An 800-year record of atmospheric As, Mo, Sn, and Sb in central Asia in high-altitude ice cores from Mt. Qomolangma (Everest), Himalayas
Cited 54 time in
Cited 56 time in
- An 800-year record of atmospheric As, Mo, Sn, and Sb in central Asia in high-altitude ice cores from Mt. Qomolangma (Everest), Himalayas
- Other Titles
- 에베레스트 빙하코어를 이용한 과거 800년 동안의 대기 As, Mo, Sn, Sb 변화 기록
- S. Hou
Hur, Soon Do
- Engineering; Environmental Sciences & Ecology
- Atmospheric pollution; Human activity; Ice core; Mt. Everest; Trace element
- Issue Date
- American chemical Society
- S. Hou, et al. 2009. "An 800-year record of atmospheric As, Mo, Sn, and Sb in central Asia in high-altitude ice cores from Mt. Qomolangma (Everest), Himalayas". Environmental Science & Technology, 43(21): 8060-8065.
- As, Mo, Sn, and Sb have been determined by inductively coupled plasma sector field mass spectrometry (ICP-SFMS) in 143 depth intervals of high-altitude ice cores from Mt. Everest, covering an 800-year time period from 1205 to 2002 AD. The results clearly demonstrate the long-term historical record of atmospheric transport and deposition of As, Mo, Sn, and Sb that has prevailed at high altitudes in the central Himalayas. Natural contributions, mainly from mineral dust, have dominated the atmospheric cycles of As, Mo, Sn, and to some extent Sb during the 700 years prior to the 20th century. Compared to those of the pre-1900 period, pronounced increases of both concentrations and crustal enrichment factors are observed since the 1970s, with the highest increase factor for Sn and the least for As. Such increases are attributed to anthropogenic emissions of these elements, largely from stationary fossil fuel combustion and non-ferrous metals production, particularly in India. Our central Himalayan ice core record provides an explicit recognition of rising atmospheric As, Mo, Sn, and Sb pollution in response to rapid economic growth in central Asia.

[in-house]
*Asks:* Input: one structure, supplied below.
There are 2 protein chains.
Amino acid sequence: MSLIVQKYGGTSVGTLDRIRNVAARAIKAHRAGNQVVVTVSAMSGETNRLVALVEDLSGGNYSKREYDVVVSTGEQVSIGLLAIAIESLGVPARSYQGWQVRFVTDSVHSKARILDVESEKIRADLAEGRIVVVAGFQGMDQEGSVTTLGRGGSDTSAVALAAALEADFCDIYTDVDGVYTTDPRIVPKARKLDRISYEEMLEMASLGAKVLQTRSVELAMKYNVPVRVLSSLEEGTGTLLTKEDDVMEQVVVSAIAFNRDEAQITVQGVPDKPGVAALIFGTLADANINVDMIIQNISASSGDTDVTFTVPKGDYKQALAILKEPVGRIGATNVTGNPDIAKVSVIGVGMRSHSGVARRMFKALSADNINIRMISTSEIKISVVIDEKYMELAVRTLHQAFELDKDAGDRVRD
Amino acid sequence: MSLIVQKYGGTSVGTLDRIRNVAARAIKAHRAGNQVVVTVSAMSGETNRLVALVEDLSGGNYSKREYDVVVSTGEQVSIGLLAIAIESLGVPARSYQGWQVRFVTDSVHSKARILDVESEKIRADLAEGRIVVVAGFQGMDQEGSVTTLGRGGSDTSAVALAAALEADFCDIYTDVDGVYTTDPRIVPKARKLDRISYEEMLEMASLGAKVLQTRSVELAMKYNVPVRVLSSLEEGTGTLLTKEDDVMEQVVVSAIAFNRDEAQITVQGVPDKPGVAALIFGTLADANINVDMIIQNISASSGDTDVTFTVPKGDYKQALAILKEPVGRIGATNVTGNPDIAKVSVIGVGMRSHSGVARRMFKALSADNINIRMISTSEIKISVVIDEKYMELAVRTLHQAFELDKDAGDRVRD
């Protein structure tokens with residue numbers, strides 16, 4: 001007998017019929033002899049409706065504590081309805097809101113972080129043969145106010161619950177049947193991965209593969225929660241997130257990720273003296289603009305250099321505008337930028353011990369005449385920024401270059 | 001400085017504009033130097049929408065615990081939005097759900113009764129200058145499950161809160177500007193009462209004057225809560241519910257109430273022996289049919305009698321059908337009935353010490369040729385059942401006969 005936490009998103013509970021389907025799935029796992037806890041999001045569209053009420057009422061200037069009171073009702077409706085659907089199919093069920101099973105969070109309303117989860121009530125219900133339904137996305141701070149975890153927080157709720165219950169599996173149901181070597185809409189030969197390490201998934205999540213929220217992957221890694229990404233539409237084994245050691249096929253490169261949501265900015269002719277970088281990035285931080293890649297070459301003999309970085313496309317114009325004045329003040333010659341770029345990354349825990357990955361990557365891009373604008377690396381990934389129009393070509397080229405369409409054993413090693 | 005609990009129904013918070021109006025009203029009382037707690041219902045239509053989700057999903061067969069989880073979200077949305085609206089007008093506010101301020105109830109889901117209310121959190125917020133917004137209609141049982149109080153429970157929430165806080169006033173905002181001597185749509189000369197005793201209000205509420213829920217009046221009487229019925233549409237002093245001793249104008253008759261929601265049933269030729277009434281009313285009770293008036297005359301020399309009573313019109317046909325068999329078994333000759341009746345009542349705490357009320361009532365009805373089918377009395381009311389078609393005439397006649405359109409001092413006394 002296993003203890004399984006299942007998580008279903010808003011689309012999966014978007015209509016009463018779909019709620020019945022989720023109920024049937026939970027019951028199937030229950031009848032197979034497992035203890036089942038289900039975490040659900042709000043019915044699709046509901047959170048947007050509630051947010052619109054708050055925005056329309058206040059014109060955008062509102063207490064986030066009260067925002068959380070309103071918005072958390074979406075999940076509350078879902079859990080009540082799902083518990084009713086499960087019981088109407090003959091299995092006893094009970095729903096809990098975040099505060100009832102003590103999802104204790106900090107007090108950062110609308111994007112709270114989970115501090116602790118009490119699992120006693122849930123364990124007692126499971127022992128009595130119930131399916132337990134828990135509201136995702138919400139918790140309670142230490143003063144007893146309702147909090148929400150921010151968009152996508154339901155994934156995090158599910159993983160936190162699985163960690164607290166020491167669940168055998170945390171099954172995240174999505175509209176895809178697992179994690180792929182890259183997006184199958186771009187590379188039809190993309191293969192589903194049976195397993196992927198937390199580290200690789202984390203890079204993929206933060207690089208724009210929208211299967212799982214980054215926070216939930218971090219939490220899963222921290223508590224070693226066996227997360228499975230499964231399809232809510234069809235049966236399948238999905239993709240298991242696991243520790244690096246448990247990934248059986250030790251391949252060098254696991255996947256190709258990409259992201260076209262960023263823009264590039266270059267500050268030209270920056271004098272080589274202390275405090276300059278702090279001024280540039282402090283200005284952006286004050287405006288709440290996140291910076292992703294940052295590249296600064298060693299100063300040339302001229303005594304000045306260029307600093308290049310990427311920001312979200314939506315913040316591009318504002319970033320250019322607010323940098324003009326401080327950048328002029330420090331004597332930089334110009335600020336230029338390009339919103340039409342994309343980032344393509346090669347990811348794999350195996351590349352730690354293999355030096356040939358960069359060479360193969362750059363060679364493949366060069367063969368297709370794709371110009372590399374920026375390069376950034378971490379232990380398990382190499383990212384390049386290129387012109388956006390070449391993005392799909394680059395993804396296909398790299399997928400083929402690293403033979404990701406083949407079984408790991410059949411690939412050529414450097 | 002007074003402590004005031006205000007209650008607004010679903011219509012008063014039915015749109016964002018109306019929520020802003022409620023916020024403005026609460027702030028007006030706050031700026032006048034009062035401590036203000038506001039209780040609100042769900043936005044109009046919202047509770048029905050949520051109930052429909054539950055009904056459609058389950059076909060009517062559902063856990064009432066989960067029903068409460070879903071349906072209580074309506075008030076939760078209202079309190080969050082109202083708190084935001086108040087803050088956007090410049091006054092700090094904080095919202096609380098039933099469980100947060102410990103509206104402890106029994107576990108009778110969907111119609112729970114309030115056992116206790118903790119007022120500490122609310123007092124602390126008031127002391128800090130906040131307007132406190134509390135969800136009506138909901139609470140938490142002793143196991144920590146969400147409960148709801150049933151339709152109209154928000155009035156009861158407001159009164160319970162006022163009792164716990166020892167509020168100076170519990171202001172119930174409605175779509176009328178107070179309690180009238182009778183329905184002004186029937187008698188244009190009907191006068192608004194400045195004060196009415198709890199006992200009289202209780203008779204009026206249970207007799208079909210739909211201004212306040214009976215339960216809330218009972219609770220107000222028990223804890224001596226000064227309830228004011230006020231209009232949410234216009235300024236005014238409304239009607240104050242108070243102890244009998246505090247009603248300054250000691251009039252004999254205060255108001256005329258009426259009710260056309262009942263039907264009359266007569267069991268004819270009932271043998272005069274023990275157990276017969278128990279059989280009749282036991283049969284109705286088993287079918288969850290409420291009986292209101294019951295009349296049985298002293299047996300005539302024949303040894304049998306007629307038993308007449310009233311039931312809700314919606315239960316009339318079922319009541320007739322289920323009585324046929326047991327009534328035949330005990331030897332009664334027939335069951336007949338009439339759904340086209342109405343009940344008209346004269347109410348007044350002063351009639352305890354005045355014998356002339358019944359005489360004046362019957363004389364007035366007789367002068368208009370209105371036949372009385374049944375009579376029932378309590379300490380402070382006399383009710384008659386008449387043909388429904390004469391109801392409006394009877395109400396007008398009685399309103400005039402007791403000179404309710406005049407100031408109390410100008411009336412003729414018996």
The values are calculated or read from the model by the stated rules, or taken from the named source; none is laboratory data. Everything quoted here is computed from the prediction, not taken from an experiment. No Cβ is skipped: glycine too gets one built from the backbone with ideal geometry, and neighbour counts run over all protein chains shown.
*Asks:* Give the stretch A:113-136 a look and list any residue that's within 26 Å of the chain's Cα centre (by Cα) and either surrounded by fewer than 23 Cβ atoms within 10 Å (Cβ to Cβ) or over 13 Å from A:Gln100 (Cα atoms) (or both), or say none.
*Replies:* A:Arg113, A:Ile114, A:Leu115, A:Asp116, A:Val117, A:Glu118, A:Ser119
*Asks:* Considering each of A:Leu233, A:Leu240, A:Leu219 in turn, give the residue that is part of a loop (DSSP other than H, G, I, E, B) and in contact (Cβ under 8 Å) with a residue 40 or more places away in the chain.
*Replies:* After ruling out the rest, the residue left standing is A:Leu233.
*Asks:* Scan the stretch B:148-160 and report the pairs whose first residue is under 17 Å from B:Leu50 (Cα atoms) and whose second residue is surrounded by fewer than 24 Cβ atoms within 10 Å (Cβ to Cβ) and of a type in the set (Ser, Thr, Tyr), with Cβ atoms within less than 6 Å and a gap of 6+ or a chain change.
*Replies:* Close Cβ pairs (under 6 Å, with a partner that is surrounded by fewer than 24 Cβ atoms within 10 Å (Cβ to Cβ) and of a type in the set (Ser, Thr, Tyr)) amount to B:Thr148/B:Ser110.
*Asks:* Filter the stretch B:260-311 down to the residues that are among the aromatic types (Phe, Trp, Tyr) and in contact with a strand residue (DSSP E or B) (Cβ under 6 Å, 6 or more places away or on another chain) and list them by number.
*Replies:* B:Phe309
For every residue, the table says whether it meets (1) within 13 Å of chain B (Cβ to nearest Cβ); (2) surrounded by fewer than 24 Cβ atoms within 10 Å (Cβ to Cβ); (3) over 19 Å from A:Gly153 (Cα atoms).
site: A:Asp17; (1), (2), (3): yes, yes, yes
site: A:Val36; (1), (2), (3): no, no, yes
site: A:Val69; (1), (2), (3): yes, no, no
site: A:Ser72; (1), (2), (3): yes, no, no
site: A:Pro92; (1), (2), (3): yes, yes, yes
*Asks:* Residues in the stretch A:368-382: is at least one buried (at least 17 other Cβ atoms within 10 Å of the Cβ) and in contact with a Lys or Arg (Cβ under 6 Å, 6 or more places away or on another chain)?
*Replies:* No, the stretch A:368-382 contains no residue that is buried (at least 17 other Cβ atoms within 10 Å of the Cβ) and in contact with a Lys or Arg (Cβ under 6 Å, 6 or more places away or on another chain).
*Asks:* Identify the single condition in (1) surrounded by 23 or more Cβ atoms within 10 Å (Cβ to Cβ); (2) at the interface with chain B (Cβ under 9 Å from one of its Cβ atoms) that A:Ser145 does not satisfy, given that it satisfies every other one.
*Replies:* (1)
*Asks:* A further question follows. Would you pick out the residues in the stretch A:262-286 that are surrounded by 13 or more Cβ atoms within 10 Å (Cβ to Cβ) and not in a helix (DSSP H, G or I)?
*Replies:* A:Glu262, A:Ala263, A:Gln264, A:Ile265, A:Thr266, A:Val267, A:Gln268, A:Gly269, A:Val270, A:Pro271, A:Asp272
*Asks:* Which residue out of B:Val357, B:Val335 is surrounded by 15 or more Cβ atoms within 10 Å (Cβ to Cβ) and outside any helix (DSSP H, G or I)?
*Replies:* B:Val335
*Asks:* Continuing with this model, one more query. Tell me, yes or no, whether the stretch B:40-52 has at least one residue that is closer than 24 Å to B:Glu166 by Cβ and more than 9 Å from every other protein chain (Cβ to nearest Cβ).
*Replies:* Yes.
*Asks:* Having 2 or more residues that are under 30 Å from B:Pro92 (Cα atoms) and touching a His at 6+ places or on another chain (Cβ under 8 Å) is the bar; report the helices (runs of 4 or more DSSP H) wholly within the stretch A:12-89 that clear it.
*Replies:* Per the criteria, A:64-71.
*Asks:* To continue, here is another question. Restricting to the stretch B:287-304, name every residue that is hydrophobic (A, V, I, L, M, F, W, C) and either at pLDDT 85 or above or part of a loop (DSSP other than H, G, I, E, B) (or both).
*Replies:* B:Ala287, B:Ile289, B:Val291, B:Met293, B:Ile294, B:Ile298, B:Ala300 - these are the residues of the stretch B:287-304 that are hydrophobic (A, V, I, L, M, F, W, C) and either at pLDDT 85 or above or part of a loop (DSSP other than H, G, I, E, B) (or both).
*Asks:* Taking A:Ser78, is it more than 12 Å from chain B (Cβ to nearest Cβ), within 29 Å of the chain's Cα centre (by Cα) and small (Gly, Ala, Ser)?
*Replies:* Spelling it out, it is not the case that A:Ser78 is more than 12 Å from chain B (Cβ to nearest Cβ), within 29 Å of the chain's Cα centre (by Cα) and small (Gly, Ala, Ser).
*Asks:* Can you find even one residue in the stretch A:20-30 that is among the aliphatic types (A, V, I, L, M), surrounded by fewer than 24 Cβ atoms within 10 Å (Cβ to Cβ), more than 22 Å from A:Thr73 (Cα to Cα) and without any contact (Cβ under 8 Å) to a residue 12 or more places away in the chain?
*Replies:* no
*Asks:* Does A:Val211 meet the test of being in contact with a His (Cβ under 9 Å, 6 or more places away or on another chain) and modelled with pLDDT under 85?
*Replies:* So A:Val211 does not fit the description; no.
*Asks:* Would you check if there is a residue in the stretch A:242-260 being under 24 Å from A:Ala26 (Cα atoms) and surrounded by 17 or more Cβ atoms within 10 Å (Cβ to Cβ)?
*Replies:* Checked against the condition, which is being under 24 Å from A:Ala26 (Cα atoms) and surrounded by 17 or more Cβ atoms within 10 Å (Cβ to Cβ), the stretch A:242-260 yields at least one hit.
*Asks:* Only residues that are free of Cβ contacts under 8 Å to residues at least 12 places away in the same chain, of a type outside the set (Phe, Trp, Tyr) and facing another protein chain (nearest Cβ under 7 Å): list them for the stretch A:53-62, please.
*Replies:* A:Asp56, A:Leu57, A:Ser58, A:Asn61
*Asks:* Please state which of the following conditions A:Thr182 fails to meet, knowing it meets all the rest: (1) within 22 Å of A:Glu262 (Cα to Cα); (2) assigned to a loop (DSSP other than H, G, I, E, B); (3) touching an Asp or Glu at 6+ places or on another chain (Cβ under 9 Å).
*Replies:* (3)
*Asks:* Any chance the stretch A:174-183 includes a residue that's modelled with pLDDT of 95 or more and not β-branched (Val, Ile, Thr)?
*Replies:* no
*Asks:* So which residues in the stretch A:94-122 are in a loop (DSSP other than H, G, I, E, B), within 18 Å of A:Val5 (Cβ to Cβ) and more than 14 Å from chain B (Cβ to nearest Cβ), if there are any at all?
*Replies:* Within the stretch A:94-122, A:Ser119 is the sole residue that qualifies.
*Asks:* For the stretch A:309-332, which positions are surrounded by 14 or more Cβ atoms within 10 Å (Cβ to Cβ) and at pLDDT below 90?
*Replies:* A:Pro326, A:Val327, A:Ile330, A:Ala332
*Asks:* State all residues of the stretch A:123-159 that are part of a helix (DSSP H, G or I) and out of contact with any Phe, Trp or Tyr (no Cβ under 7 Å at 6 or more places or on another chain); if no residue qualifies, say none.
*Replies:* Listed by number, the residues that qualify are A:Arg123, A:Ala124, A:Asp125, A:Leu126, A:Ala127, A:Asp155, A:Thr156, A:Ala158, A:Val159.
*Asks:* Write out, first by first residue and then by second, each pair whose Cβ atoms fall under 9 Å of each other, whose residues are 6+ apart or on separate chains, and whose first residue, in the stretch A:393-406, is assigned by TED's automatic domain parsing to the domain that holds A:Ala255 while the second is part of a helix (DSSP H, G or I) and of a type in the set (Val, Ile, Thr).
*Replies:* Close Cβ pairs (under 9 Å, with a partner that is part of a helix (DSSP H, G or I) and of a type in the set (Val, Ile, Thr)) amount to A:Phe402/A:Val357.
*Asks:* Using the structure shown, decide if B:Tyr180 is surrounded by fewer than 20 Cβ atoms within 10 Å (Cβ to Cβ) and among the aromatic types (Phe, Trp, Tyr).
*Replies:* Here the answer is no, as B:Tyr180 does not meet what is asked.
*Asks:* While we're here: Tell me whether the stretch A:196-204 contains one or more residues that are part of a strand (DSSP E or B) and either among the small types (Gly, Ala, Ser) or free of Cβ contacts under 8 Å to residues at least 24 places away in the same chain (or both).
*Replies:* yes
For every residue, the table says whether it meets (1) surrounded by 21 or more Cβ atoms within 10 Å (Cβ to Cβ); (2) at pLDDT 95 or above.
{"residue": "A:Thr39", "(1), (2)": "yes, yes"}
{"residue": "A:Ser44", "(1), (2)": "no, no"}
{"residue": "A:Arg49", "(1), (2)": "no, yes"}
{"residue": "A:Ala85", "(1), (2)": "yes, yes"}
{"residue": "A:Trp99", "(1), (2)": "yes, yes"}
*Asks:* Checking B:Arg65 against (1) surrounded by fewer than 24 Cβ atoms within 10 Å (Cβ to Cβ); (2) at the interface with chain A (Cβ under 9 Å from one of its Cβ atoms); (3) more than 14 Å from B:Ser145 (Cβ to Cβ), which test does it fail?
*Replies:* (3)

- Files in This Item
- Can archive pre-print and post-print or publisher's version/PDF
Can archive post-print (ie final draft post-refereeing) or publisher's version/PDF
Can archive pre-print (ie pre-refereeing)
Archiving not formally supported
Items in DSpace are protected by copyright, with all rights reserved, unless otherwise indicated.